The Supreme Court in Inder Singh & Others v. Vyas Muni Mishra & Others, and Mewa Ram Kanojia v. All India Institute of Medical Sciences and Ors. held that the doctrine was applicable only when the employees were equal in every respect and not when the inequality in salary was based on reasonable classification among workers of the same category. The classification is permissible and can be said to be reasonable only when based on intelligible differentia as per State of Andhra Pradesh and Ors. v. G. Srinivasa Rao and Ors. and the doctrine is unenforceable when the categories are distinguished based on intelligible differentia as per the SC in Harbans Lal and Ors. v. State of Himachal Pradesh and Ors.
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Thankfully, Nargesh Mirza’s ratio was severely undercut by the SC in MacKinnon Mackenzie vs Audrey d’Costa, wherein different remuneration was granted to male and female stenographers and in order to distinguish the categories, the latter were named Confidential Lady Stenographers. Holding that this was a violation of the ERA, the Supreme Court held that: “if two jobs in an establishment are accorded an equal value by the application of those criteria which are themselves non-discriminatory (i.e. those criteria which look directly to the nature and extent of the demands made by the job) as distinct from criteria which set out different values for men and women on the same demand and it is found that a man and a woman employed on these two jobs are paid differently, then sex discrimination clearly arises.”
Thus, the MacKinnon Mackenzie judgement pioneered the understanding of sex discrimination not just through directly excluding women, but also by structuring the workplace to burden women disproportionately. MacKinnon Mackenzie also facilitated the Supreme Court’s conclusion in Uttarakhand Mahila Kalyan Parishad vs State of UP, which held that the creation of distinct cadres of male and female teachers and less salary as well as inferior promotional opportunities to the latter by the UP education department was illegal. The violation was remedied by a partial merging of the categories and directions to the government to make the service conditions and promotional opportunities equal expeditiously.
In the SC case of Air India Cabin Crew vs Yeshaswinee Merchant, the reasoning in Nargesh Mirza was adopted once more and the waiver of the fundamental right to non-discrimination was viciously held to be legitimate as a majority of airhostesses had agreed to an early retirement and benefits at the age of 50 and not 58 years as compared to male employees performing the same job. However, this was not a question of consent or choice as the provision to retire at 50 years for women was mandatory and discriminatory as it was based entirely on sex and amounted to the active denial to women of eight-year in-flight employment that was available to men. The Court thus effectively held that a majority of air hostesses could waive the right to non-discrimination on behalf of the others and impose their preferences on the minority despite numerous judgements of the SC holding that fundamental rights cannot be waived. The motivation behind such a ruling unsurprisingly was that fulfilment of caregiving responsibilities in the family was exclusively the women’s preserve and that they were not physically fit, agile, mentally alert or able to deal with flight tension post 50 years of age, while men continued to be so till the age of 58.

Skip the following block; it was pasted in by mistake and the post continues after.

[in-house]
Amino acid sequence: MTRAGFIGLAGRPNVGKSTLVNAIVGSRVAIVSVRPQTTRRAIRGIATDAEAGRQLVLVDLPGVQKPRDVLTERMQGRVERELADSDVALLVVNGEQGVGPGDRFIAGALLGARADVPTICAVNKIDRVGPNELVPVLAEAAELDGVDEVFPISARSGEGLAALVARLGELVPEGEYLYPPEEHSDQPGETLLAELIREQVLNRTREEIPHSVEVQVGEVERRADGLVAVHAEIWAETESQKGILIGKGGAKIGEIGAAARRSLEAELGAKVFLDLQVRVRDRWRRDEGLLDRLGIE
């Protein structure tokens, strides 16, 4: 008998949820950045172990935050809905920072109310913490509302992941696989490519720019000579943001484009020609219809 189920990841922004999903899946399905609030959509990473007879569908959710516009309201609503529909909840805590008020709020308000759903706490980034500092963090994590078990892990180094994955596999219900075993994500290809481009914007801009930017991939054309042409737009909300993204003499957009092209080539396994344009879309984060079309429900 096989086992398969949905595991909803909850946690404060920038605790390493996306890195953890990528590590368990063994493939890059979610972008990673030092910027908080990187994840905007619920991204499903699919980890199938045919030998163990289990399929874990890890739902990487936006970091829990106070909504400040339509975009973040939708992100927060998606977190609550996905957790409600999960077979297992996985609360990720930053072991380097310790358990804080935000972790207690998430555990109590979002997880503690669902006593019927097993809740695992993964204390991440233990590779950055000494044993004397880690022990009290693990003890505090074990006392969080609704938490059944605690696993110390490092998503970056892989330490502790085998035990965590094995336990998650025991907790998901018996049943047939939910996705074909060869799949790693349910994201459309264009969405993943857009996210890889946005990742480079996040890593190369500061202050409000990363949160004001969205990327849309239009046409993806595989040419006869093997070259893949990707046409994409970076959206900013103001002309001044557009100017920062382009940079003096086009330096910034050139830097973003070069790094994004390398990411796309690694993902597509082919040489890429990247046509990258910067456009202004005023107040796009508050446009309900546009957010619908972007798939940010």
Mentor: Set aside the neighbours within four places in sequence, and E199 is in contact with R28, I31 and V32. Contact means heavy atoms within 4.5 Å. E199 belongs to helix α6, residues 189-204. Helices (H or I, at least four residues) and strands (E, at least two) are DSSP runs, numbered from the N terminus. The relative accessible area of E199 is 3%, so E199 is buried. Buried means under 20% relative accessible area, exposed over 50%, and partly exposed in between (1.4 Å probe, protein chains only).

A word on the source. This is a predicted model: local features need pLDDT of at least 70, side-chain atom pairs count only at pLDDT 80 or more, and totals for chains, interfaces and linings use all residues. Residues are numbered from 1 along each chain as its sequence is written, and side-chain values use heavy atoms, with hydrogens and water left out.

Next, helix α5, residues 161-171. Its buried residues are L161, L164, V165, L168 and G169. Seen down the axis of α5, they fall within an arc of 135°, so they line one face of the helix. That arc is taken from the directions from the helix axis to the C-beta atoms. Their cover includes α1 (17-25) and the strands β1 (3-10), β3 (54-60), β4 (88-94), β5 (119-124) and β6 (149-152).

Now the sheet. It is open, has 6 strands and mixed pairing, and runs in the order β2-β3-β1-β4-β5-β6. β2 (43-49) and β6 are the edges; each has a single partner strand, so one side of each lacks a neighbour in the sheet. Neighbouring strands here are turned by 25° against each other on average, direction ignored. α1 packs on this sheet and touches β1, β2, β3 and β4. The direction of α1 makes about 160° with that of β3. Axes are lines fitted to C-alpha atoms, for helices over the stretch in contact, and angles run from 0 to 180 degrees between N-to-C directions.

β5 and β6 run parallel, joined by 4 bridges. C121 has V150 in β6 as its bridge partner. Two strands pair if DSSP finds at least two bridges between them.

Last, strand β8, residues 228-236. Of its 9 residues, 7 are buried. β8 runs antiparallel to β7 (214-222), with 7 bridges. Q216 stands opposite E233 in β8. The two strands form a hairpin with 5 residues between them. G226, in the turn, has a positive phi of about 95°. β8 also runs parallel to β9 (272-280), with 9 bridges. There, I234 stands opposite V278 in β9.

Enforcement of the ERA
The SC in the cases of Sita Devi & Others v. State of Haryana & Others and People’s Union for Democratic Rights vs Union of India (wherein female workers were being paid only Rs. 7 per day as the balance of the wage was misappropriated by the jamadars) noted that it was the principle of equality enshrined in Article 14 of the Constitution which was expressed in the provisions of the ERA. Thus, violation of the ERA could legitimately form the subject matter of a writ petition under Article 32. It admonished the Government for the unacceptable non-observance of the provisions of the ERA by adopting a non-interfering attitude on the grounds that the violation was committed by the contractors and not the State. In rendering the State/private entity divide irrelevant in this regard, the court observed that as the least of its responsibility as a welfare state, the authorities are liable even if it was a private contractor who was denying equality to the women. The Court said that this was because the State was under an obligation to institute a system of periodic inspections coupled with occasional surprise inspections by higher officers to ensure that the workers are not denied the rights and benefits to which they are entitled.